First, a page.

Renovated Hampshire Dining Commons at UMass Amherst Awarded LEED Gold Certification

AMHERST, Mass. – The renovated Hampshire Dining Commons at the University of Massachusetts Amherst has been awarded LEED Gold certification for energy efficiency and sustainability and has been recognized by a lighting designers’ group for the efficiency and design of its interior lighting.

Built in 1966, Hampshire Dining Commons is a two-story, 46,000-square-foot, concrete structure in the campus’s Southwest residential area. The two-year, $15.5 million renovation was completed for the fall 2013 semester.

The revamped facility features a central oval kitchen area surrounded by themed serving stations.

Matt Hyatt, project architect with the designer, Bergmeyer Associates of Boston, said his firm believes Hampshire is the first dining hall renovation in the country to achieve LEED Gold status and is the most sustainable dining commons in the country.

Hyatt said the campus’s heating and electrical cogeneration facility helped the project reach LEED Gold because it meant there was no increase in energy demand.

Although somewhat constrained by the existing building, he said designers were able to retain almost all of the existing structure so they needed less new material and virtually nothing went to the landfill.

The floor is plain concrete, ground smooth, which reinforces the concrete aesthetic and produces a self-perpetuating sustainable finish with no chemicals and no maintenance, he said.

The project’s aesthetic goes “hand-in-glove” with the intentions of UMass Dining Services, he said.

With the central kitchen area having numerous exhaust hoods that constantly move air, designers found there was no need to install new insulated windows. That saved $1.7 million on the project. “It was a really efficient budget,” Hyatt said.

The lighting earned the Illuminating Engineering Society’s Edwin F. Guth Memorial Award for Interior Lighting Design. The award recognizes exceptional interior lighting projects that balance functional illumination with the artistic application of light to enhance the user’s experience. The award honors the founder ofthe St. Louis Brass Co., who at the time of his death in 1962 held 147 patents.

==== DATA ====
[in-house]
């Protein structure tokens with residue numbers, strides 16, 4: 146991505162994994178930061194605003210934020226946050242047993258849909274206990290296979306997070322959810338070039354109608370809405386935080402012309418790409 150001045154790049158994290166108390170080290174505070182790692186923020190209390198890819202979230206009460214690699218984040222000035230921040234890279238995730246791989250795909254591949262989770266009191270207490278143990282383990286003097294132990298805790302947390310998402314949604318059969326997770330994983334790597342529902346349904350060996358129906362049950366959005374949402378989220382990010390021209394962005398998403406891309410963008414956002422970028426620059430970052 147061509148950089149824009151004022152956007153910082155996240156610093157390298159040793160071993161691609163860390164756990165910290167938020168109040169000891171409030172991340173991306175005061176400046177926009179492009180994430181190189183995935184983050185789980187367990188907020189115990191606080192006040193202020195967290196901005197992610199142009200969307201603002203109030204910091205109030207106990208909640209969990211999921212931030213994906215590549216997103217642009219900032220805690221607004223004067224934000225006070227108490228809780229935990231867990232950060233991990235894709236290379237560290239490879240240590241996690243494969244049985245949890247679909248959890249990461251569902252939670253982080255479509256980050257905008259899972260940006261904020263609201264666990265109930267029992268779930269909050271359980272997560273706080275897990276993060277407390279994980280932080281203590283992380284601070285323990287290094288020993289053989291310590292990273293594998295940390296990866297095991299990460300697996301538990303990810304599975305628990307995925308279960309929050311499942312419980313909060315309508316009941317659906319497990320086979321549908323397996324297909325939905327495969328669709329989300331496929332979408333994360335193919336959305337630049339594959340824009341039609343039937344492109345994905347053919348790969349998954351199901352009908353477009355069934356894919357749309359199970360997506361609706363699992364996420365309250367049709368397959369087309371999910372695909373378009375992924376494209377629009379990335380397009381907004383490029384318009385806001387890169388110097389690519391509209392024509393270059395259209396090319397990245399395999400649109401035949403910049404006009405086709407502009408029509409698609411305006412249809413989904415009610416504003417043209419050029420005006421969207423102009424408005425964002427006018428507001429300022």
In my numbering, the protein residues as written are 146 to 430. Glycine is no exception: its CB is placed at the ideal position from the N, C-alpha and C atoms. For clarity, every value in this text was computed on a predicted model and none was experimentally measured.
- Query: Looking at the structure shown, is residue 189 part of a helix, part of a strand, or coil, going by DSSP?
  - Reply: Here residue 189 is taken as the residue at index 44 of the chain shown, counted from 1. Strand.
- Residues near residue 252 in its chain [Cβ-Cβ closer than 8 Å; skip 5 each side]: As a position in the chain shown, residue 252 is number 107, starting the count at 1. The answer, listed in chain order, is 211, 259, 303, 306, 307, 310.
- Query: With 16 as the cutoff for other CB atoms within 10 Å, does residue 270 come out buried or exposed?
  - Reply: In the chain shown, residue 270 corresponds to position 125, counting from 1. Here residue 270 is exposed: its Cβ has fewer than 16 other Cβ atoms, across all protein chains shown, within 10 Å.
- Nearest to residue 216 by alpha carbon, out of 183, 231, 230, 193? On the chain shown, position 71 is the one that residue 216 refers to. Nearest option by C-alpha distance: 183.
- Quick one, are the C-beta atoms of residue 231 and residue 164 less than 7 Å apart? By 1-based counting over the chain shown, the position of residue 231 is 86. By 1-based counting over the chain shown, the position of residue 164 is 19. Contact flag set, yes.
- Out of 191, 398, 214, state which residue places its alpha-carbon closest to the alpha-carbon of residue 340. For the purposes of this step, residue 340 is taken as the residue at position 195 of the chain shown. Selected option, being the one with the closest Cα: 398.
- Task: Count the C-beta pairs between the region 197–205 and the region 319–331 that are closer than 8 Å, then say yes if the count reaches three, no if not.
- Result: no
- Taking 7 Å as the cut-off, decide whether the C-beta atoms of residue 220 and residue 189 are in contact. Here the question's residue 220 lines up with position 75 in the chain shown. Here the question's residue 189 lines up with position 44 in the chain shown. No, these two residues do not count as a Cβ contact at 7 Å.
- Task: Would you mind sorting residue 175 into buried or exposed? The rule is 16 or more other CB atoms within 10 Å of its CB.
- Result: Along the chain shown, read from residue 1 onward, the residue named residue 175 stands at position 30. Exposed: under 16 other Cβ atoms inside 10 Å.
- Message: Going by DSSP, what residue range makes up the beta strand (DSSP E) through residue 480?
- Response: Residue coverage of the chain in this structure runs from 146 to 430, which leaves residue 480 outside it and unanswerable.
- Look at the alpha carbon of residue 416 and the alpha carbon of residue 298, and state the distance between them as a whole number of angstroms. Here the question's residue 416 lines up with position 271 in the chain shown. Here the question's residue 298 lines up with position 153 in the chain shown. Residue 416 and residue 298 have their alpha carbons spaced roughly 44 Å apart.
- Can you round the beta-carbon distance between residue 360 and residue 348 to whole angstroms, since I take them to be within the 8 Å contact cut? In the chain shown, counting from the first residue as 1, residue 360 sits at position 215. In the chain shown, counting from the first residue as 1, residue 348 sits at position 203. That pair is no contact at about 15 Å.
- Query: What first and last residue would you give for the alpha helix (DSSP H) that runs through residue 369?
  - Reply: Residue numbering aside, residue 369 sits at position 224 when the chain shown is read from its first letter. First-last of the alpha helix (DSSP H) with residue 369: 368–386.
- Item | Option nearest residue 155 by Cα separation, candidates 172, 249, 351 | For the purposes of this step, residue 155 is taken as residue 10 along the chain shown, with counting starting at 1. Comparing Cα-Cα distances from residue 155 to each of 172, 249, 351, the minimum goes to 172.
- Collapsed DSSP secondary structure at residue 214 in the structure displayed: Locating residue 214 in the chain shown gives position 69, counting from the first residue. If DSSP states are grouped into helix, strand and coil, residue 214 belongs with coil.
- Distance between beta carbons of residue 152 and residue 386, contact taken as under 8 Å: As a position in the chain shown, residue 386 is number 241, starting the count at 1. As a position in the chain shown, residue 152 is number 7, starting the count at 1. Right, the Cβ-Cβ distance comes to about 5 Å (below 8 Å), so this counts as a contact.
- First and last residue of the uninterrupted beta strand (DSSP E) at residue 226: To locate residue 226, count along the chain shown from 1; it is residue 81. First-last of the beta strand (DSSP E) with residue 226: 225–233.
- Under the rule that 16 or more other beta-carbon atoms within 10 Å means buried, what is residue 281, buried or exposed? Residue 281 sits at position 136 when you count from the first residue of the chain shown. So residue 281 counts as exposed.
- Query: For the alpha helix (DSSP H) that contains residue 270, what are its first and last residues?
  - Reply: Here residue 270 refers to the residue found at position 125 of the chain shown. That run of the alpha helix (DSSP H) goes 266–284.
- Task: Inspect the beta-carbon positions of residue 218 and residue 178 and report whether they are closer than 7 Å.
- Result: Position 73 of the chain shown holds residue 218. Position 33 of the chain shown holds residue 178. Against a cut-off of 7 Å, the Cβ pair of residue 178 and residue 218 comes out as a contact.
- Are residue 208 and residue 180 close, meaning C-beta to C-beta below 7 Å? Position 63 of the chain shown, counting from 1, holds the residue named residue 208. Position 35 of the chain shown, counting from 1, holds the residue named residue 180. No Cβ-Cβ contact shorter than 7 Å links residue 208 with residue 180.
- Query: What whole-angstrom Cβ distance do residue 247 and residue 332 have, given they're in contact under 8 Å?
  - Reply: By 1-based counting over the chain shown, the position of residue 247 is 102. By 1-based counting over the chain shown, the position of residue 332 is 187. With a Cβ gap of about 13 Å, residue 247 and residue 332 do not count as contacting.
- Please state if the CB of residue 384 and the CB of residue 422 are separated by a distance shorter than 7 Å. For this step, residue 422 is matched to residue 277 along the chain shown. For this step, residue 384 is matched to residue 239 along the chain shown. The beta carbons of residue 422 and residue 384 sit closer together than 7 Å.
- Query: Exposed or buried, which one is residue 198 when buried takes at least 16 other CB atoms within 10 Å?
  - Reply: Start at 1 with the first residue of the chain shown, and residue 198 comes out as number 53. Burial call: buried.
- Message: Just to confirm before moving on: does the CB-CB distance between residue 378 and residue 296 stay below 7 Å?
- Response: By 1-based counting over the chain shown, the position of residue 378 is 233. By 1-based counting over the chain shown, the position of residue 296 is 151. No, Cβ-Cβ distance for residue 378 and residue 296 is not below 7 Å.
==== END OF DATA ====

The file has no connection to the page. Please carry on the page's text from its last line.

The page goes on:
Hyatt said the lighting efficiency was achieved with the use of LEDs and some fluorescent fixtures. There is one large “asteroid belt” of light fixtures around the central kitchen area. Everything else is secondary with indirect, non-decorative lighting.

Hyatt said the role of the food experience based on the open kitchen area drove the design.

Garet Distefano, UMass Amherst director of Residential Dining Services, said the oval design reduces lines while students clearly see the variety of food offered and can have meals cooked to order. “This allows us to reduce cost, reduce waste and have a positive environmental outcome,” Distefano said.

Following surveys showing UMass students want healthier beverages, no soda is served at the Hampshire DC. Built into the design, however, is space for handling the 25 to 30 cases of fruit that are used for juices and smoothies every day.

The overall goal is to serve minimally processed foods and more plant-based items at peak season, less red meat, more sustainable seafood and healthier oils, fats and beverages.

Rachel Dutton, sustainability manager for UMass Auxiliary Enterprises, which includes Dining Services, said, “Achieving LEED Gold status fits perfectly into our UMass healthy and sustainable food system initiative. Hampshire DC is a premier campus eatery for sustainability, health and wellness.”

“This is the next generation of dining,” Distefano said.